Take the 2-minute tour ×
Stack Overflow is a question and answer site for professional and enthusiast programmers. It's 100% free, no registration required.

I have several hash maps I need to generate combinations of:

A: [x->1, y->2,...]
B: [x->1, a->4,...]
C: [x->1, b->5,...]
...

some possible combinations:

A+B; A; A+C; A+B+C...

For each combination I need to produce the joint hashmap and perform an operation of key-value pairs with the same key in both hash maps.

All I could come up with was using a binary counter and mapping the digits to the respective hash map:

001 -> A
101 -> A,C
...

Although this solution works, the modulo operations are time consuming when I have more than 100 hashmaps. I'm new to Scala but I believe that there must be a better way to achieve this?

share|improve this question
15  
You have 100 hash maps and you are able to compute all possible combinations of them? What brand is your computer? Actually, scrap that; what year do you think this is and can you take me to your leader? –  oxbow_lakes Sep 26 '11 at 19:46
6  
100 hash maps give rise to 2^100 combinations. Even if you had all the computing power in the world, and each combination would take the equivalent of 1 floating-point operation, it would still take you about 4000 years to go through all of them. Is there another way to approach your problem? –  Jeffrey Sax Sep 26 '11 at 19:53
    
I think you are both right in theory, but in practice, since he's taking the intersection of the sets of keys, it's going to decrease very quickly. –  Philippe Sep 27 '11 at 15:46
add comment

3 Answers

up vote 11 down vote accepted

Well, think of how many combinations there are of your maps: suppose you have N maps.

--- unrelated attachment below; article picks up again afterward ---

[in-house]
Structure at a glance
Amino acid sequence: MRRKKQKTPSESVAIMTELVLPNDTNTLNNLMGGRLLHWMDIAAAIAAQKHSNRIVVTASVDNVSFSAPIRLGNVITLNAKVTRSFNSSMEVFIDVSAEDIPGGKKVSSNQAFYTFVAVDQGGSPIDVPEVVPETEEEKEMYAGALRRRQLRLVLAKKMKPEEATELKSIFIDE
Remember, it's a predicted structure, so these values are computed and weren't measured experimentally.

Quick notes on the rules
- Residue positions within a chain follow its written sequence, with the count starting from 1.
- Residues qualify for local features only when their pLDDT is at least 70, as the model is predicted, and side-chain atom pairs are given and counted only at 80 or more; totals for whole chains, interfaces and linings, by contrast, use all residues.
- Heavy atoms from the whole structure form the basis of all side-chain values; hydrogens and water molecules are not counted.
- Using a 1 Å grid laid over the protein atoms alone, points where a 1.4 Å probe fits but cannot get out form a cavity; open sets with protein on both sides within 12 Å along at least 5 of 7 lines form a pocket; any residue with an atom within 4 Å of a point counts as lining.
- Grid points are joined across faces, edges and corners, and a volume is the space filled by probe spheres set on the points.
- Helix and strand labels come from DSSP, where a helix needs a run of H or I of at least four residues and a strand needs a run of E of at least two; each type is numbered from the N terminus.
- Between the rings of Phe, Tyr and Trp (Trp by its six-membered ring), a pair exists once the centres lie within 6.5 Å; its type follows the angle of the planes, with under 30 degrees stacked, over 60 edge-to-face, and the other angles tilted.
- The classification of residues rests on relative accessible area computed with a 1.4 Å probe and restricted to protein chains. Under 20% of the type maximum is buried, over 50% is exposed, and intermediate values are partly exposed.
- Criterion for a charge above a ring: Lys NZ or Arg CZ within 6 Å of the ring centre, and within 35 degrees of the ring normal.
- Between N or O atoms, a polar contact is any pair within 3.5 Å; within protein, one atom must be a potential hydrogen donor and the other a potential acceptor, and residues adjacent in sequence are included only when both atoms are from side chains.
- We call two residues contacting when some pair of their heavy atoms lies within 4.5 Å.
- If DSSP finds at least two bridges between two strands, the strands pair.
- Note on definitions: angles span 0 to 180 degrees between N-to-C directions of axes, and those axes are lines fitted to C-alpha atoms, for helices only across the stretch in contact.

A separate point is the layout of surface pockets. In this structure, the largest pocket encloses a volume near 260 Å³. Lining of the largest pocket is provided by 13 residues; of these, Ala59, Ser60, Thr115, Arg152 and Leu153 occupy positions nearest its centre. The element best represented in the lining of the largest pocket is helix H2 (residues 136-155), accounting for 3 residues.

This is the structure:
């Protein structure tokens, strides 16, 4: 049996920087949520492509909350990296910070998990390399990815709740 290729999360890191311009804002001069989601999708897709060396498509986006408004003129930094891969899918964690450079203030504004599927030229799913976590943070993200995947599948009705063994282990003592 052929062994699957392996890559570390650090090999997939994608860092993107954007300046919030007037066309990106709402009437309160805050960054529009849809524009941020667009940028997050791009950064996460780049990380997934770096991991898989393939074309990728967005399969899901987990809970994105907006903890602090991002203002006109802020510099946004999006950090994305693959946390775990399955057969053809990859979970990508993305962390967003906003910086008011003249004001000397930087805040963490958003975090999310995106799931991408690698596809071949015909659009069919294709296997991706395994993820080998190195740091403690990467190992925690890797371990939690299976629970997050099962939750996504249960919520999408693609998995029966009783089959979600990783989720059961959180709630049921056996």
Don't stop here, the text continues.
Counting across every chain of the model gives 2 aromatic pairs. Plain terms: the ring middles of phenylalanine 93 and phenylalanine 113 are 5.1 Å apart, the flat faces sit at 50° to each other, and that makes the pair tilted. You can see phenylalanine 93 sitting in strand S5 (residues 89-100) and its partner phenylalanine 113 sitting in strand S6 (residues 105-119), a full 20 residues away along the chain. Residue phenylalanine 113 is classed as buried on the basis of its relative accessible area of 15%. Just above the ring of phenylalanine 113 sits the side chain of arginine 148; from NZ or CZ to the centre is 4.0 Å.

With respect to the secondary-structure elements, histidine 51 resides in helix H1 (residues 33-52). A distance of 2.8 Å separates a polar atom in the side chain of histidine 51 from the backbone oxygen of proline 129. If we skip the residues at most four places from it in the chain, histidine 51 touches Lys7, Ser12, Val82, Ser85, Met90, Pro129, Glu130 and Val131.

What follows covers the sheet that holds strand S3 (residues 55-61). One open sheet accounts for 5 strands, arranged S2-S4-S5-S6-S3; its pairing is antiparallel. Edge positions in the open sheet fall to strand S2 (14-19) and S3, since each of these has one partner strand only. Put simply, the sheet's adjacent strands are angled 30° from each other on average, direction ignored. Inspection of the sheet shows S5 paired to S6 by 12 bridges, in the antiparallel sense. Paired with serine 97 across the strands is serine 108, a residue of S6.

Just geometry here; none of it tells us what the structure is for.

(the maps individually) + (pairs of maps) + (triples of maps) + ... + (all the maps)

Which is of course

(N choose 1) + (N choose 2) + ... + (N choose N-1)

Where N choose M is defined as:

N! / (M! * (N-M)!)

For N=100 and M=50, N choose M is over 100,000,000,000,000,000,000,000,000,000 so "time consuming" really doesn't do justice to the problem!

Oh, and that assumes that ordering is irrelevant - that is that A + B is equal to B + A. If that assumption is wrong, you are faced with significantly more permutations than there are particles in the visible universe

Why scala might help with this problem: its parallel collections framework!

share|improve this answer
add comment

Scala sequences have a combinations function. This gives you combinations for choosing a certain number from the total. From you question it looks like you want to choose all different numbers, so your code in theory could be something like:

val elements = List('a, 'b, 'c, 'd)
(1 to elements.size).flatMap(elements.combinations).toList

/* List[List[Symbol]] = List(List('a), List('b), List('c), List('d), List('a, 'b), 
   List('a, 'c), List('a, 'd), List('b, 'c), List('b, 'd), List('c, 'd), 
   List('a, 'b, 'c), List('a, 'b, 'd), List('a, 'c, 'd), List('b, 'c, 'd), 
   List('a, 'b, 'c, 'd)) */